Spring is here and summer's fast approaching. As temperatures rise and the rain subsides for sunnier days, you car will face a different set of challenges on both road and track.
Below, we list seven key changes you should make to your car to make sure it's in tip-top condition this spring.
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Switch from winter to summer tyres
As the snow and salt disappears from Britain’s B-roads, it makes sense to remove winter tyres fitted to your wheels. By leaving them on in warmer weather, the softer tread blocks will wear down quicker on dry tarmac and softer sidewalls will introduce more roll through corners.
Switch to a great-performing all-weather tyre such as the Continental ContiSportContact 5 or Pirelli P Zero (top two finishers in our evo summer tyre test) to improve your car’s responsiveness and stability. Don’t forget to check that both your tyre tread depths and pressures meet the manufacturer’s recommendations.
Get your wheels aligned
Potholes caused by freezing winter conditions are the enemy of suspension setups. A four-wheel alignment will correct a wayward car’s tramlining and make your car easier to place on the road if it pulls to one side.
A properly aligned car will also handle substantially better on the limit, making wheel-alignment a cost effective way to sharpen handling.
Check fluids and belts
Simple, but highly effective in ensuring your car remains reliable, make sure oil, brake fluid, coolant and screenwash are all topped-up. If you’re venturing on track, we’d recommend changing your oil and brake fluid to minimise engine wear and the chances of brake-fade.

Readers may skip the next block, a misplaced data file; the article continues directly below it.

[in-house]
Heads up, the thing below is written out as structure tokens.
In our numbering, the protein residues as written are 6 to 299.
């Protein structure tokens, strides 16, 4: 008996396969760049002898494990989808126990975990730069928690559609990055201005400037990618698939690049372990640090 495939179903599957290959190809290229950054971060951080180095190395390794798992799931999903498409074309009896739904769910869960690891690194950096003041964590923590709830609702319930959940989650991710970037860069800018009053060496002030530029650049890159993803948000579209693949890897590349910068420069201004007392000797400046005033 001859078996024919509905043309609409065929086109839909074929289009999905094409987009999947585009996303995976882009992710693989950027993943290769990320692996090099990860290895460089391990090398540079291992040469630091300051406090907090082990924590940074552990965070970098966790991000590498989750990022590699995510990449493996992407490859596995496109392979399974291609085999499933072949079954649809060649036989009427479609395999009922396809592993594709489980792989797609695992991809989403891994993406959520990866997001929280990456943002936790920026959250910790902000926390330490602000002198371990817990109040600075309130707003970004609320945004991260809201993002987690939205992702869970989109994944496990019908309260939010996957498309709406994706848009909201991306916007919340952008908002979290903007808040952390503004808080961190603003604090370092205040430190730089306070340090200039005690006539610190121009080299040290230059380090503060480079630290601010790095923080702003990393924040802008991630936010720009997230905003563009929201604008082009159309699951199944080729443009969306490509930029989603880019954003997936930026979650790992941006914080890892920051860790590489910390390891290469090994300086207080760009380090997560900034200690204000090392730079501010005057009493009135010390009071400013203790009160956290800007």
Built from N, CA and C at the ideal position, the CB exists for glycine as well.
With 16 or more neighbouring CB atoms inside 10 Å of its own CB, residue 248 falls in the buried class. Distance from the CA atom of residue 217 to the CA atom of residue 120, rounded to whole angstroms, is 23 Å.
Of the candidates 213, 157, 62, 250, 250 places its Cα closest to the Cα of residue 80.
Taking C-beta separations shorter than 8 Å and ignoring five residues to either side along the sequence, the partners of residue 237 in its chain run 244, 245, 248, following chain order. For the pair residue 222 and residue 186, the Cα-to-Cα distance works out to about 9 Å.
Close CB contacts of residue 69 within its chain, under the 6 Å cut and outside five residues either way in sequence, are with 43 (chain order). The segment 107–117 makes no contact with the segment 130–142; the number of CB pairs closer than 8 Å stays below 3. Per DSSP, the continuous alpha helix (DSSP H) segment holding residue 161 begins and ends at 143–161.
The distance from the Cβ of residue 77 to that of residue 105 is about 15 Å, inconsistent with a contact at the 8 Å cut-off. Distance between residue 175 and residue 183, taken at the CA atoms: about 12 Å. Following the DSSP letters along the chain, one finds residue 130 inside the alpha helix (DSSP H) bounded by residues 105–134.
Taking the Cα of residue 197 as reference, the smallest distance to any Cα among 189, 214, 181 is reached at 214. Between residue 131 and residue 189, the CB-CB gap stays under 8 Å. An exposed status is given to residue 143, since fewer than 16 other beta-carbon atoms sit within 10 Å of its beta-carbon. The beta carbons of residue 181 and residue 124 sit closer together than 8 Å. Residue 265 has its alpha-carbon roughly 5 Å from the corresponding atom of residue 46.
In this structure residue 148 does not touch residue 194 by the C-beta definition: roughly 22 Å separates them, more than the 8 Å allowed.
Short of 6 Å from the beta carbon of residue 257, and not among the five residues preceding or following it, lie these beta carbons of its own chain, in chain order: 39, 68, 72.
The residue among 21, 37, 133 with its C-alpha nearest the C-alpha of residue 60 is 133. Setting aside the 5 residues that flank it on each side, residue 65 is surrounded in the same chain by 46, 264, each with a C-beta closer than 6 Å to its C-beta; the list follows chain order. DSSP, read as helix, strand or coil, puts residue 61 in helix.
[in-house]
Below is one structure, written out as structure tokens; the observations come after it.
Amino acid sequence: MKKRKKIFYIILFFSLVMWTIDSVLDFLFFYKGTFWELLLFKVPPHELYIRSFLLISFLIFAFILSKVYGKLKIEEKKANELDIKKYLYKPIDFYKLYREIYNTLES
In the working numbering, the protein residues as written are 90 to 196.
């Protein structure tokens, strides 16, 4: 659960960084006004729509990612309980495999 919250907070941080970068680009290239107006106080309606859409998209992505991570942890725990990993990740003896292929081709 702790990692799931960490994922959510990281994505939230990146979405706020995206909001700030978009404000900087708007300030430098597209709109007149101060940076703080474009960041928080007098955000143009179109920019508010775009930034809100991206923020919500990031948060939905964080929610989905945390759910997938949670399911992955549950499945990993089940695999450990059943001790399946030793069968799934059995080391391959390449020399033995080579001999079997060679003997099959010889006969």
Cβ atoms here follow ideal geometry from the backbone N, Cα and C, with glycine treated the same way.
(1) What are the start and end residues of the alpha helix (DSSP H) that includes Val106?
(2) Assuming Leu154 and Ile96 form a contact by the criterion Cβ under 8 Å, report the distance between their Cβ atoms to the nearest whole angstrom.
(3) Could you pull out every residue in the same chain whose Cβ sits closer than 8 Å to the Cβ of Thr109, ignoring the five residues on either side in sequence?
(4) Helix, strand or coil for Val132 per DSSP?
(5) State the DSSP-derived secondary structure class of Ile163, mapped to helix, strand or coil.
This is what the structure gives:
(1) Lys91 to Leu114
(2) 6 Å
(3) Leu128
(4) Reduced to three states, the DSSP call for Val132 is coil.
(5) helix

Keep an eye out for worn or squeaking belts, and replace them or the pulleys as necessary. Normally manufacturers will provide you with service intervals for these parts, but be aware that constant hard driving might mean that belt change intervals should be shortened.
Change your wiper blades
Wipers take a beating through winter for clearing grime, salt and road film from your screen. Spring is usually a good time to swap them over for new blades to enjoy clearer vision and protect your windscreen from scratches and wear.
Clean your car – inside and out
Make sure to wash out the salt and grit from the car’s wheel arches and crevices to maintain its underbelly, as well as its paintwork. It’s likely the interior will be looking dirty after the winter months, a quick vacuum won’t hurt performance and might contribute a few grams to any weight saving. Empty crisp packets floating around your interior will not improve your trail-braking technique either…
Have your air-con system checked
While this might not appear very evo – air-con can suck precious bhp from your engine when in full use – a fully working air-con system is essential if you want to avoid arriving at your destination in a sweaty mess.
It’ll be useful on track too, as demonstrated by closed-cockpit GT racing cars, which have to be fitted with air-conditioning in many global championships. Though it might add a few kilos the car’s overall weight, a fresh driver will no doubt be better prepared push to the limit than a hot, dehydrated one.
Buy a set of quality sunglasses
The awkward angles brought on by low winter sun may have encouraged you to get a pair of sunglasses already. If not, now’s the time to buy a set that will protect your eyes from glaring UV rays.